Since it’s Easter weekend, the prompt of “grass” immediately made me think of an Easter basket and eggs. I started to sketch in pencil, but since grass is so crazy, I decided instead to go straight to ink and creating a sort of grassy pattern for this one. When I was a kid, we always painted eggs on this day, but more often we dyed them. I looked up the old PAAS kit that I used to use to see if they still made it. They do, but it seems like the more deluxe versions are now all the rage. I loved the original one, though, because it came with a “magic crayon” that you could use to draw something on your egg before dying it. When you dunked your egg in the vinegar and water mixture with that little color pellet, the drawing stayed white and magically revealed itself! So much fun! Since I don’t have a kit this year, I dyed my eggs with watercolor, careful to get that blotchy look I used to give them as a child. I kept changing my mind on the color back then, so I was always dunking them back in each of the other colors. They weren’t pristine, but they were my first little pieces of art.
Of course, the egg painting was fun, but the real fun came the following day when we would have an Easter Egg Hunt. Our parents would hide the eggs all over the yard and then we kids would have to try and locate them. This ritual worked out perfectly, unless, my parents forgot the exact number of eggs that were hidden. Since we used real eggs for our hunt, finding one on Easter is amazing, but smelling a rouge one a few days later was grotesque. Finding a rotten egg isn’t as easy as it seems, since the smell is so pungent that it floats in every direction. This only happened once that I can recall and after that, the eggs were all carefully counted before the game began. Spotting an egg was such a huge thrill and I can still remember the feeling to this day. It was like finding a little treasure. I now realize the importance of the Easter basket as it was a way to distract me from my treasure while my mother stole the eggs back. Then she’d transform my little treasures by deviling them or turned them into egg salad while I trotted off to enjoy my sugar coma.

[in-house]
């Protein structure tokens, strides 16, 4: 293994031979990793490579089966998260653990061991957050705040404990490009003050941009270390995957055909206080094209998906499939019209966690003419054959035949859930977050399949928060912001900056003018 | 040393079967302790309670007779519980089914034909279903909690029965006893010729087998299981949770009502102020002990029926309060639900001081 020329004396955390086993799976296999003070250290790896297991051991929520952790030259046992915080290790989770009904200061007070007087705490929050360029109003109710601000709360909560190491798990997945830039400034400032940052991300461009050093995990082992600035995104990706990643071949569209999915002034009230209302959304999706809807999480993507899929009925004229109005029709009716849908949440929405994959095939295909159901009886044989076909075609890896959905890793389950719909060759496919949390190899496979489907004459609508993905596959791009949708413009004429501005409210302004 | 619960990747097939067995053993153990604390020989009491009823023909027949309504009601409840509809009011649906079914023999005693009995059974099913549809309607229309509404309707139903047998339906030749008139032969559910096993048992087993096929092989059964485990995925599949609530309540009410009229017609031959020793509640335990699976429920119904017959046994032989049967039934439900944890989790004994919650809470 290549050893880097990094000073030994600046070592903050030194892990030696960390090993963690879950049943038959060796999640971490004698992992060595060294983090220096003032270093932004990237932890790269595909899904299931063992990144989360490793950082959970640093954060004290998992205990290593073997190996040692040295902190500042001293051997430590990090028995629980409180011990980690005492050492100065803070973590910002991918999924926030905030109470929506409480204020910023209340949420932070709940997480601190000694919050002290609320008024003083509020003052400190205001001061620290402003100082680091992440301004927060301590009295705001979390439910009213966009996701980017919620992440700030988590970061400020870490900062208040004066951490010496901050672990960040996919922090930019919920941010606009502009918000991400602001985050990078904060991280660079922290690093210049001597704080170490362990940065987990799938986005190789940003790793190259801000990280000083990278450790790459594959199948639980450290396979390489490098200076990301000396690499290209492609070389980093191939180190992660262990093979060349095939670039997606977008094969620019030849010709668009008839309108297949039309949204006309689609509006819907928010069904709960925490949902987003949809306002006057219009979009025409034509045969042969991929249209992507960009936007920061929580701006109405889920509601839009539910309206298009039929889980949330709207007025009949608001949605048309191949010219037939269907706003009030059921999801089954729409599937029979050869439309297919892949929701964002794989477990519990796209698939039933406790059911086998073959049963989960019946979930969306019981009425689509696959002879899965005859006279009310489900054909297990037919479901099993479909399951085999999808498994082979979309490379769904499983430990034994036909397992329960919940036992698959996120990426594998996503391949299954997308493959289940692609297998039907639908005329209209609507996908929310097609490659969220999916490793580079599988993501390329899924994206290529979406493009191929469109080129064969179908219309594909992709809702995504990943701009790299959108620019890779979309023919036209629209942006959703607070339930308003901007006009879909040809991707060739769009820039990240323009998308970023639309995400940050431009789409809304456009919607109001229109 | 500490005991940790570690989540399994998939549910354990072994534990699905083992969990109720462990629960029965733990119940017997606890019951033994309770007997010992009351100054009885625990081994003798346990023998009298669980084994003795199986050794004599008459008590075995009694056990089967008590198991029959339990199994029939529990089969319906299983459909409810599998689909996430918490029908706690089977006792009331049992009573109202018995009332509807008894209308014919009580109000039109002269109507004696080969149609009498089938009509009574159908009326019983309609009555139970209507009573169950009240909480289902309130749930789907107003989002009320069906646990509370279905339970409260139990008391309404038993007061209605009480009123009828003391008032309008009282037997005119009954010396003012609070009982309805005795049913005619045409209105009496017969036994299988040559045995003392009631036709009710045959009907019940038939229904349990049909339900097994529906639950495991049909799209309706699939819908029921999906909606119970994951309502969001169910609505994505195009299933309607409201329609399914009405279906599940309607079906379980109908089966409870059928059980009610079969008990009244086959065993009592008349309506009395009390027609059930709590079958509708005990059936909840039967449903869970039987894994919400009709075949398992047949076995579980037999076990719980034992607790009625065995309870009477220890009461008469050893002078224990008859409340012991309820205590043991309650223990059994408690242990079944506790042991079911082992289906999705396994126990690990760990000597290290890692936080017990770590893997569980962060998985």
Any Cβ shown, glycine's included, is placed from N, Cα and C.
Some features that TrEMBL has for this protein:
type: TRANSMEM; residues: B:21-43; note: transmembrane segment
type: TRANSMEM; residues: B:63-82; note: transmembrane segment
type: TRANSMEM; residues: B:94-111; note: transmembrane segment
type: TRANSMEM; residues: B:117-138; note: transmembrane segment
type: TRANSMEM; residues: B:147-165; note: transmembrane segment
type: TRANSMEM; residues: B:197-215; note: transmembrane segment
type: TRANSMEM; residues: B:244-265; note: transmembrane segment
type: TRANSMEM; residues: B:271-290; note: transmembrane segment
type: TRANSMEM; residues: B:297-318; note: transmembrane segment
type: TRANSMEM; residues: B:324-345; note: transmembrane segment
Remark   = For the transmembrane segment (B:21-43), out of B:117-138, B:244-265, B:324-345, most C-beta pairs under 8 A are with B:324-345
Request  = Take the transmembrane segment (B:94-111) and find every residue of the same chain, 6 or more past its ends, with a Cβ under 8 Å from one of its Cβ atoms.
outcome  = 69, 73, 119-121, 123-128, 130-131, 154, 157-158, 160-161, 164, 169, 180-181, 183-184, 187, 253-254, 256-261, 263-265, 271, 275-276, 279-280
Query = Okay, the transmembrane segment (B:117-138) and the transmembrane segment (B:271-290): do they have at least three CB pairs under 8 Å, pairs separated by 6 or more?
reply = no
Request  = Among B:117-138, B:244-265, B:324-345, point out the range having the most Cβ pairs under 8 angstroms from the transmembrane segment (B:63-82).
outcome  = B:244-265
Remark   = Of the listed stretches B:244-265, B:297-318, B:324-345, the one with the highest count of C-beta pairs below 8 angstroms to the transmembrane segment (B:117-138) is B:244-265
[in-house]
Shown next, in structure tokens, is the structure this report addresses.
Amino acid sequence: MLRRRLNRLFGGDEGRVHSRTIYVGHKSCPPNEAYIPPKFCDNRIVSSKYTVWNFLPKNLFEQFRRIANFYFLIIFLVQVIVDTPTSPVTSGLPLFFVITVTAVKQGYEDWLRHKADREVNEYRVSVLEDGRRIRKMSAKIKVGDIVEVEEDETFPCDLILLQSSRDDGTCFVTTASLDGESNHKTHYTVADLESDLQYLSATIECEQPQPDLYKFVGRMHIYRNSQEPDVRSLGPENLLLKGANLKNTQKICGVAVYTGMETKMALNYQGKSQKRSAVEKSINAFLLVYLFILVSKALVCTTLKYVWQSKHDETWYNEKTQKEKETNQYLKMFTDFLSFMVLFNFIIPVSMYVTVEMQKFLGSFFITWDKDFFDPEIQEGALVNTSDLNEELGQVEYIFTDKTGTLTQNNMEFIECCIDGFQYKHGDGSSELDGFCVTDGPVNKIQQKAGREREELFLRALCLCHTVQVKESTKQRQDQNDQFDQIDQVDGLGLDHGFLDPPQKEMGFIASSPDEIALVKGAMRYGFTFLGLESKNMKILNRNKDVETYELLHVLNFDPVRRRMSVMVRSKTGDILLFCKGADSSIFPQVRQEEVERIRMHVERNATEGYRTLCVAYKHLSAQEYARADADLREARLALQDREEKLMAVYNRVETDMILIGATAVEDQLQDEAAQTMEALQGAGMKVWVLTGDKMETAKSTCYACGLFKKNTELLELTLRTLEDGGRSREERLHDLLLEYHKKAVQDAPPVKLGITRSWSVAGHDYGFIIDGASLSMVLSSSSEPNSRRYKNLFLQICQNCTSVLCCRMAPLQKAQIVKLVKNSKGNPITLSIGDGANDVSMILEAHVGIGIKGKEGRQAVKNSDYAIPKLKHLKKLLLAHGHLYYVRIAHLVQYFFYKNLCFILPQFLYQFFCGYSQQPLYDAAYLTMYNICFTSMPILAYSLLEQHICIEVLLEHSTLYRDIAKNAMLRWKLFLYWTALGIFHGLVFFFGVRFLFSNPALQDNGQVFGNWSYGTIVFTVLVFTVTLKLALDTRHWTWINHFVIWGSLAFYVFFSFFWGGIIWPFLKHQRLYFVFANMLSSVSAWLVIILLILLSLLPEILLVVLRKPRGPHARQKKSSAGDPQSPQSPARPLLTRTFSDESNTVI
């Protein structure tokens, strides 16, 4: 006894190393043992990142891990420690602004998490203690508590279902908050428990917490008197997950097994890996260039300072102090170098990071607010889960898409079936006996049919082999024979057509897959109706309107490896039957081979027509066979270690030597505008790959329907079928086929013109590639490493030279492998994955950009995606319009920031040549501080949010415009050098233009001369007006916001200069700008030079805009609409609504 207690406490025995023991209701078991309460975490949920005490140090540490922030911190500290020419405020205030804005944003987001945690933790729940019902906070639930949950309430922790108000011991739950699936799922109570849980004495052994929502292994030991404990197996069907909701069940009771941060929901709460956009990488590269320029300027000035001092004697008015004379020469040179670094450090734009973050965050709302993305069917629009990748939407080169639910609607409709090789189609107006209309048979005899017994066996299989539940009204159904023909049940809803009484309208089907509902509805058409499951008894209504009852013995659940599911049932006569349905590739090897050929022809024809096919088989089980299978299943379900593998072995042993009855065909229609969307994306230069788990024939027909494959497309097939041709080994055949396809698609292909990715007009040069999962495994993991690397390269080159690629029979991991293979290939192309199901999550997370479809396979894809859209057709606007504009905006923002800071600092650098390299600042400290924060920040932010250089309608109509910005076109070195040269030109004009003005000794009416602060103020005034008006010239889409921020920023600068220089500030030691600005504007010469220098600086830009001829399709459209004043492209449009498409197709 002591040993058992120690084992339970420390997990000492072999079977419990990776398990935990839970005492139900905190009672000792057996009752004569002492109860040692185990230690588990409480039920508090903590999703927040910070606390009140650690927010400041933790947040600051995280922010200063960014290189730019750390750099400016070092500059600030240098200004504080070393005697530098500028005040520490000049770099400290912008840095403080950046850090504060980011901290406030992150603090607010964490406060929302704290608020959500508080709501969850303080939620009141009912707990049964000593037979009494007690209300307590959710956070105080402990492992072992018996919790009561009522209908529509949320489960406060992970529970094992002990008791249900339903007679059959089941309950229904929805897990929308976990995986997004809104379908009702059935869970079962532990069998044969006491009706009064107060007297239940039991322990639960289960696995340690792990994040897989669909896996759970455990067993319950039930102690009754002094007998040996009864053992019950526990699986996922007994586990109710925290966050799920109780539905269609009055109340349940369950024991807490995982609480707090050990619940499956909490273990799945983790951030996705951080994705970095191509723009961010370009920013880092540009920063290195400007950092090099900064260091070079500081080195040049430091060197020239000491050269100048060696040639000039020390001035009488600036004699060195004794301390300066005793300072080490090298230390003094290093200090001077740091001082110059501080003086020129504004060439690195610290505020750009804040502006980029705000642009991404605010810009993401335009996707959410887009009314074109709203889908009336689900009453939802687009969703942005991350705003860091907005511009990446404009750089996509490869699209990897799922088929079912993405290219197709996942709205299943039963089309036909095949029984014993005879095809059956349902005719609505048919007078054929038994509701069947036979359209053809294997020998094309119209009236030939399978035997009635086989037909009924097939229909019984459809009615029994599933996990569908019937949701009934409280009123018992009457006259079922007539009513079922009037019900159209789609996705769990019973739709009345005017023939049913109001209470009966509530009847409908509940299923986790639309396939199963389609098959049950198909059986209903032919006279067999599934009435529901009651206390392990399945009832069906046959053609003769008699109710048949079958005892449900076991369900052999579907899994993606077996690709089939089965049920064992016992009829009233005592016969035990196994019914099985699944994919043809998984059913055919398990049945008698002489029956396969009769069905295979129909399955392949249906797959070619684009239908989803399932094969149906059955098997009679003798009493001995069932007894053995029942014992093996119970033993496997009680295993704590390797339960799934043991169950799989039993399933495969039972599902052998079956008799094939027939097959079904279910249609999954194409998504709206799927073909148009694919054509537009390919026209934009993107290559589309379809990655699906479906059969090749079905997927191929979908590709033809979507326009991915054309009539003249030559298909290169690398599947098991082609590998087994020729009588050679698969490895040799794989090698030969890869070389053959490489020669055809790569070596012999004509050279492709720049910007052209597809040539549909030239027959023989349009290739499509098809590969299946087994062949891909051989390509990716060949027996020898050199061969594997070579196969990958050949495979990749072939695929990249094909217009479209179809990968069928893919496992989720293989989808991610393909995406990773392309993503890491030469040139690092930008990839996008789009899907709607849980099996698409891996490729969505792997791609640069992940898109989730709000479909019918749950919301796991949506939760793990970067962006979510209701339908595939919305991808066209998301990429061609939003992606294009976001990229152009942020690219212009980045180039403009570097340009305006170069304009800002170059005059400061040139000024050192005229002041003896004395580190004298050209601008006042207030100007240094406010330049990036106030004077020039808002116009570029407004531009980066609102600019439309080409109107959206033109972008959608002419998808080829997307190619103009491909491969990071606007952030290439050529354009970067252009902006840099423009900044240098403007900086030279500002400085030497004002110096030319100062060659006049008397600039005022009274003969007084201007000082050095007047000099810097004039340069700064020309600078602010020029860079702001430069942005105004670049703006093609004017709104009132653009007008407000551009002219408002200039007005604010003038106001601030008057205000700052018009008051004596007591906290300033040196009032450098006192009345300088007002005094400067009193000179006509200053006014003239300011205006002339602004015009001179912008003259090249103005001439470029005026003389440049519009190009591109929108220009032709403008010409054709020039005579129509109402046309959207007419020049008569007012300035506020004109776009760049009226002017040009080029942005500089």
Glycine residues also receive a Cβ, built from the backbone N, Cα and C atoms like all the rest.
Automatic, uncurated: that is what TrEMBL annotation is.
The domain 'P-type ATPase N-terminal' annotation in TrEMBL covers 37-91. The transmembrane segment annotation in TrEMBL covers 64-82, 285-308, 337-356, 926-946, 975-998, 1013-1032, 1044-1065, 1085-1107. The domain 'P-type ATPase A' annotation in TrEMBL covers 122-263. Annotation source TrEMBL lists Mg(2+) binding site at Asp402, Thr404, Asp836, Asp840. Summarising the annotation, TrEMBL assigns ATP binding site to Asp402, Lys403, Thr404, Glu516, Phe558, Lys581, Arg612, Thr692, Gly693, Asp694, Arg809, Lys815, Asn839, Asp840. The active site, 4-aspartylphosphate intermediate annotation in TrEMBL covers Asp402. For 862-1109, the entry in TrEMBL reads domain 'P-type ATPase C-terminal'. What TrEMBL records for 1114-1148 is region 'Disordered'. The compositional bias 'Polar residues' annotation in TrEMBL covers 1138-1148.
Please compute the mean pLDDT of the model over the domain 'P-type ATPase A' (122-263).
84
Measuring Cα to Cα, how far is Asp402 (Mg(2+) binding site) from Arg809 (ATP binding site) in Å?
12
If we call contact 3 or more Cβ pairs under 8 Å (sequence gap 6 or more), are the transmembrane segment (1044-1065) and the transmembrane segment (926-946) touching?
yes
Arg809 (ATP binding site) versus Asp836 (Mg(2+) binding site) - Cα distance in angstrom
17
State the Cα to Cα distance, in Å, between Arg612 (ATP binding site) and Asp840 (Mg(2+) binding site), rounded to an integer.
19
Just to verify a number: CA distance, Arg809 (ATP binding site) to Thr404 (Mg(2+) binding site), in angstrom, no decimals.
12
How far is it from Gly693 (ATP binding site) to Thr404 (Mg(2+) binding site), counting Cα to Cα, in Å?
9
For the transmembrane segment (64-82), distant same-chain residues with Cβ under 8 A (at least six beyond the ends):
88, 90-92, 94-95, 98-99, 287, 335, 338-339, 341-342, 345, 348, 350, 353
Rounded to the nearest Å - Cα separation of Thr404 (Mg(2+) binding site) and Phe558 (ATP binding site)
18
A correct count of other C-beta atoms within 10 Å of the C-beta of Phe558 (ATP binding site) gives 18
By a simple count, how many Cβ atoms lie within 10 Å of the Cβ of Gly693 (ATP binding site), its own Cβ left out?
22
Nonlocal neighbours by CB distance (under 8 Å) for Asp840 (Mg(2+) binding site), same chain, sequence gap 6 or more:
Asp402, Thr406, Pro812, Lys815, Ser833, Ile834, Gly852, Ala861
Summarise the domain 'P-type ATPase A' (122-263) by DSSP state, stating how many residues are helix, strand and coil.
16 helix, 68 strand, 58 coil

These days, with family too far away to gather with on Easter, we’ll be just three and will forgo the egg hunt. Though I’m sure Phineas would have enjoyed it, it would be far harder to steal eggs back from a dog. And with his enhanced sense of smell, I think it wouldn’t be a fair game anyway. We’ll still have that special meal to celebrate and I’ll always have the fond childhood memories to look back on. It wasn’t just the ritual of creating those little pieces of art, it was the time spent doing it as a family. Those wonderful traditions that happened each and every year that brought us back together again for a few cherished moments. I thought about picking up one of those kits and trying it again, but I didn’t do it. Perhaps, I’ll try it next year. This year, I’m content, enjoying time with my little family, grabbing a paintbrush and some watercolor, and, like a kid again, happily painting eggs.
About the Doodlewash
Sennelier L’Aquarelle: Indian Yellow, Opera Rose, Red Orange, Phthalo. Green Pale, Phthalocyanine Blue, and Payne’s Grey. Lamy Safari Al-Star Fountain Pen – Extra Fine, with Platinum Carbon black ink in an A6 Hahnemühle Watercolor Book.
Creator of Doodlewash®, founder of World Watercolor Month (July), World Watercolor Group™, and host of the Sketching Stuff Podcast. Sharing daily watercolor illustrations and stories while proudly featuring talented artists from all over the world! If you’d like to be a guest artist on Doodlewash.com, contact me!